In December 2012, PPG submitted a Treatment Plan Report under the Administrative Order, which discussed remedial alternatives and the selection of a proposed remedial alternative involving limited enhancements to the current interim abatement system. (Shaw Treatment Plan Report at 87-89.) Plaintiffs note that the Treatment Plan Report reported that leachate discharged from the seeps has a pH of 9.0-12.0 standard units and contains aluminum, arsenic, chromium, iron, lead, and antimony, all of which are present in the waste material in the SLA. (Id. at 39.)
Plaintiff Organizations and Members
Plaintiff PennEnvironment is a non-profit organization in the State of Pennsylvania
whose mission is to protect and preserve Pennsylvania's environment through education, research, lobbying, litigation, and citizen organizing. (Masur Aff. ¶ ¶ 3-4.) PennEnvironment has approximately 15,000 members who make financial contributions, while approximately 100,000 individuals subscribe to its e-mail action network. (Id.) David Masur has served as the director of PennEnvironment since 2002. (Masur Aff. ¶ 2.)
Members of PennEnvironment live in and around Ford City, Pennsylvania, and in the vicinity of the Allegheny River. Members also recreate in and around the Allegheny River. (Masur Aff. ¶ 8.)
PennEnvironment engages citizens to assist in lobbying efforts and is involved in litigation to protect the State's waterways. (Masur Aff. ¶ ¶ 6-7.) PennEnvironment monitors pollution and water quality in the State and sends out email updates to members biweekly. (Masur Dep. at 24.) PennEnvironment also issues reports on these topics, including a 2012 report, " Wasting Our Waterways 2012: Toxic Industrial Pollution and the Unfulfilled Promise of the Clean Water Act." (Masur Aff. ¶ 9.) These efforts depend on accurate and complete information about water quality. (Masur Aff. ¶ 11; Masur Dep. at 92-93.)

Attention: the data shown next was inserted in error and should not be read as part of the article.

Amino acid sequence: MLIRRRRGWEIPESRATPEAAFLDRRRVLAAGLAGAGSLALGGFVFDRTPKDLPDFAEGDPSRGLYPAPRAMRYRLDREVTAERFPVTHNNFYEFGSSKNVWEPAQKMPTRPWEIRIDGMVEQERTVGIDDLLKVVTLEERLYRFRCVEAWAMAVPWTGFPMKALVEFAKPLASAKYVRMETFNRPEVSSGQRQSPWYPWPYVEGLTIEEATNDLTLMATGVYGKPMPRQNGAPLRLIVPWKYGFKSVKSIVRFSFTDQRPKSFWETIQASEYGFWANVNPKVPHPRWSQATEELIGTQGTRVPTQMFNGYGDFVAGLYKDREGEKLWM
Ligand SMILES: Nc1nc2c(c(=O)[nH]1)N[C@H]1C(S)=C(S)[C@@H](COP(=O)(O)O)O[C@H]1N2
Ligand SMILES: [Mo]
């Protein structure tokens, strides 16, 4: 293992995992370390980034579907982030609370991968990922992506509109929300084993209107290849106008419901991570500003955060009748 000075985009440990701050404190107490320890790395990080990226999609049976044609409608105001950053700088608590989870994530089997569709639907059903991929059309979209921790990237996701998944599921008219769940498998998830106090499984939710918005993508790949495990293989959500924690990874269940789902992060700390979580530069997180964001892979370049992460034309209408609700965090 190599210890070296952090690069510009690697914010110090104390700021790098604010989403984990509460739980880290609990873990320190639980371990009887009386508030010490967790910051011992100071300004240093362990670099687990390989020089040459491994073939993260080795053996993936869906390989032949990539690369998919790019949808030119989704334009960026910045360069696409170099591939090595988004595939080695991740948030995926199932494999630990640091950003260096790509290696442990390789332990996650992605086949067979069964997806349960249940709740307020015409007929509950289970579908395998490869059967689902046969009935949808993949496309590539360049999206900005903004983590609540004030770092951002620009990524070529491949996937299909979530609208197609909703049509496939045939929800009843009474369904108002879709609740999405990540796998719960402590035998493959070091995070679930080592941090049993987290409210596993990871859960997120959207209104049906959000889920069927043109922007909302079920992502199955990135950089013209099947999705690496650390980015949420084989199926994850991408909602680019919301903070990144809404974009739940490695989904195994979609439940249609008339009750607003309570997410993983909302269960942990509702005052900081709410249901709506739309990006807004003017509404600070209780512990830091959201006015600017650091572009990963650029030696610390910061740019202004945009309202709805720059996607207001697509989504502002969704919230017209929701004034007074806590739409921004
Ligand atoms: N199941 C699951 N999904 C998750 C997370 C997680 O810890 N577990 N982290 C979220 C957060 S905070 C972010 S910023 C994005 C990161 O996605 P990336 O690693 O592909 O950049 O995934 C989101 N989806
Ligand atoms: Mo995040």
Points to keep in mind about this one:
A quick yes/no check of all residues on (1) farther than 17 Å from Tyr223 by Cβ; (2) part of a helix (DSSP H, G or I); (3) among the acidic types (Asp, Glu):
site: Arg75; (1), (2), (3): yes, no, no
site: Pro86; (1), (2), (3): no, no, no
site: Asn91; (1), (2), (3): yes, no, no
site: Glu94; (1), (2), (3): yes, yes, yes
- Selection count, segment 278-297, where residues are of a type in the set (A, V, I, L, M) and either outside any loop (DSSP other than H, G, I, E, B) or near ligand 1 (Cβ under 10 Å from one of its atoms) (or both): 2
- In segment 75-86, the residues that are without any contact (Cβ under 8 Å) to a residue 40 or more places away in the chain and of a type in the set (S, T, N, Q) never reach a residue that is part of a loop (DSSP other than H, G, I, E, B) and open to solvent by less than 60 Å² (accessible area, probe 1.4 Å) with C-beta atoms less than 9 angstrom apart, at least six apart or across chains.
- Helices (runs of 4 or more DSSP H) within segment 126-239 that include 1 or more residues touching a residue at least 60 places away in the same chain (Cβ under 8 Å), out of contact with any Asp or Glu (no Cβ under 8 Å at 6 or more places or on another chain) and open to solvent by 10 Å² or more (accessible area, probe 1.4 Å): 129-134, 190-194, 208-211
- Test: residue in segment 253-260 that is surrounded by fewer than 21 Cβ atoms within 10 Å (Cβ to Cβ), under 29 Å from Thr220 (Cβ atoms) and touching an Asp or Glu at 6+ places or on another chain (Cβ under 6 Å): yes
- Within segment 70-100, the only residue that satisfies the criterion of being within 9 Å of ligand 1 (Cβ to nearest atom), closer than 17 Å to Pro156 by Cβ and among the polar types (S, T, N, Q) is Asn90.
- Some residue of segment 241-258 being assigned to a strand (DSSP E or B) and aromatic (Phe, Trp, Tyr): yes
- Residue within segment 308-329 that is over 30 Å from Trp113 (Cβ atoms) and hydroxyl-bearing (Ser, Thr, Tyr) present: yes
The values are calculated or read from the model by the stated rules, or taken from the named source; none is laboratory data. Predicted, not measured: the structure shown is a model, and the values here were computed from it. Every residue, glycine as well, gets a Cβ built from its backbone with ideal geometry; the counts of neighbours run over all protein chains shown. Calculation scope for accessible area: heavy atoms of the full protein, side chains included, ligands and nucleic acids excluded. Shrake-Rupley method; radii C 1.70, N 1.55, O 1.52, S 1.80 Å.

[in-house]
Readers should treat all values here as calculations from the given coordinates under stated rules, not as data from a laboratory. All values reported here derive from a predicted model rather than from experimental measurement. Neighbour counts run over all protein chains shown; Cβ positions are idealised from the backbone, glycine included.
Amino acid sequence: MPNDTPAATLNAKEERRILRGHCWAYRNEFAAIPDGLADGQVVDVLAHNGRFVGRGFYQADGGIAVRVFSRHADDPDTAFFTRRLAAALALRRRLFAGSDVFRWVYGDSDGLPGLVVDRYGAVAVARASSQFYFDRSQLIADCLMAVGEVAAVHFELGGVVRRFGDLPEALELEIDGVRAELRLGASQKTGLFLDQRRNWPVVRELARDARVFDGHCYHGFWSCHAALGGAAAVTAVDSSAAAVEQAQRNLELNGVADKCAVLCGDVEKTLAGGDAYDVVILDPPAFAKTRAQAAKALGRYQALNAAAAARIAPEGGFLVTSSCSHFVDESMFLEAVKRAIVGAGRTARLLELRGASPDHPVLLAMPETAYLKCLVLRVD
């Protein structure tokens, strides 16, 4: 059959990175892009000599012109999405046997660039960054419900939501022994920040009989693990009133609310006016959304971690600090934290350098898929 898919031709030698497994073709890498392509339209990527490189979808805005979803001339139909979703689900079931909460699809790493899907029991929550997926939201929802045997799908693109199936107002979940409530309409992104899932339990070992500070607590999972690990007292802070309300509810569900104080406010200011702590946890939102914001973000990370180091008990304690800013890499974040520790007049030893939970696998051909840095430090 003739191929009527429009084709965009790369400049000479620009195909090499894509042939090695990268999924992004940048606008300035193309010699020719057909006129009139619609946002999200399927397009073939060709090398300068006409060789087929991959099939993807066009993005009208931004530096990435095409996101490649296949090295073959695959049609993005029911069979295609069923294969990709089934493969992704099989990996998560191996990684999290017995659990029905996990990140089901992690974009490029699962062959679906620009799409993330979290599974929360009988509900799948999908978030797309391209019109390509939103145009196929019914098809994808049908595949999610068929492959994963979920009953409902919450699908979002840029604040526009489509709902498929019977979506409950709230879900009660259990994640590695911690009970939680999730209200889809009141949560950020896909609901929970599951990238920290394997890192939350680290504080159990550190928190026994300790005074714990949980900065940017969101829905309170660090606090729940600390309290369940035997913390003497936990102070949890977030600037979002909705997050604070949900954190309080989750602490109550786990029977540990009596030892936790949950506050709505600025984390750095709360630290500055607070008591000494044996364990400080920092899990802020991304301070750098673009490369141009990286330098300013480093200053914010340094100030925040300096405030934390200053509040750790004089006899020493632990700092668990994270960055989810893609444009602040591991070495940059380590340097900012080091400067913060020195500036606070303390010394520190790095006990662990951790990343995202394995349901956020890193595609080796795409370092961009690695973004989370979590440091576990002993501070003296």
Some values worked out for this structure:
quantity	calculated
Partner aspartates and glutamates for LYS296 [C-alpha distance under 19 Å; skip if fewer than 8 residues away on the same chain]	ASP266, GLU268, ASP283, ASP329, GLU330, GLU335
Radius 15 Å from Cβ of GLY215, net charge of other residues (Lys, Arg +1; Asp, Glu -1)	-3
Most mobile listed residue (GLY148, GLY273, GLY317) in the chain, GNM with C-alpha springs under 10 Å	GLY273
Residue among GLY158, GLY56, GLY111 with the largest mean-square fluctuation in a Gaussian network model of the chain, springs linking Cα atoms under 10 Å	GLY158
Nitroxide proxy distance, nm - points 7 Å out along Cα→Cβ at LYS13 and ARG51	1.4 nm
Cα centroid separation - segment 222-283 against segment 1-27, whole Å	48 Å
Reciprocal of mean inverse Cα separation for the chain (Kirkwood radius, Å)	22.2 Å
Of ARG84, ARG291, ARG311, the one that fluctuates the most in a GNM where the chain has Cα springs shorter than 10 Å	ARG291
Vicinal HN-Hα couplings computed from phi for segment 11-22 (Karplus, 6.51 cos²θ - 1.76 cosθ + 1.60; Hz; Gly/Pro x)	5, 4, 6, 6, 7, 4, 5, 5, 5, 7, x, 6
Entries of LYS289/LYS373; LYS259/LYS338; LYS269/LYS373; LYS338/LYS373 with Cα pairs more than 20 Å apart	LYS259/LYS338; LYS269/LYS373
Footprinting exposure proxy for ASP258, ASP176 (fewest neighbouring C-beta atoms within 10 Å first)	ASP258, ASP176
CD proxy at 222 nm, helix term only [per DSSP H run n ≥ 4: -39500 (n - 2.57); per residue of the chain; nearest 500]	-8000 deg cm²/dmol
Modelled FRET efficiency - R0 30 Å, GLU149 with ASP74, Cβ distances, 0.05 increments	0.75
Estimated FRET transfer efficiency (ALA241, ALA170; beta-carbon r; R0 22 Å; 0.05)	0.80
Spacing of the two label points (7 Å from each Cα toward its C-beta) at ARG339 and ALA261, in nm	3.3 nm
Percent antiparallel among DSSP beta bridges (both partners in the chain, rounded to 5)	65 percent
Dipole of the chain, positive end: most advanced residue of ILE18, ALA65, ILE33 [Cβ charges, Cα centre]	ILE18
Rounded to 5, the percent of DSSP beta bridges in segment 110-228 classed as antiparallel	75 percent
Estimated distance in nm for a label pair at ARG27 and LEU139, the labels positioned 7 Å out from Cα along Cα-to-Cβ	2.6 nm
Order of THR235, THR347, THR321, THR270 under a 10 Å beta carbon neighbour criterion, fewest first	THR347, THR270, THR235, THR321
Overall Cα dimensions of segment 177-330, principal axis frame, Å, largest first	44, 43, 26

PennEnvironment states that PPG's failure to obtain an NPDES permit for its discharges from the Site deprives it of complete and accurate information and an opportunity for public participation in efforts to protect the quality of the Allegheny River, foreclosing a mechanism " by which the public can both be educated and engaged, use data, and take action to try and clean up the river." (Masur Dep. at 92; see also Masur Aff. ¶ 11.)
PPG responds that Mr. Masur admitted that, prior to the commencement of this suit, PennEnvironment did not engage any of its members in a campaign or lobbying efforts on " how to get their voices heard" regarding the Site, nor has PennEnvironment ever lobbied PADEP or any other authority regarding the Site. (Masur Dep. at 37:15-25, 38:1-21, 39:6-13.) Plaintiffs state that Mr. Masur testified that PennEnvironment " engage[s] [its] members around broader issues" related to the case. (Masur Dep. at 38:8-10.) They also indicate that PennEnvironment and the Sierra Club submitted comments to PADEP regarding the inadequacy of PPG's Treatment Plan Report. (Pravlik Letter Mar. 27, 2013.) And they reiterate that the information submitted by PPG to PADEP is not equivalent to the information that would be available pursuant to the application for and issuance of an NPDES permit.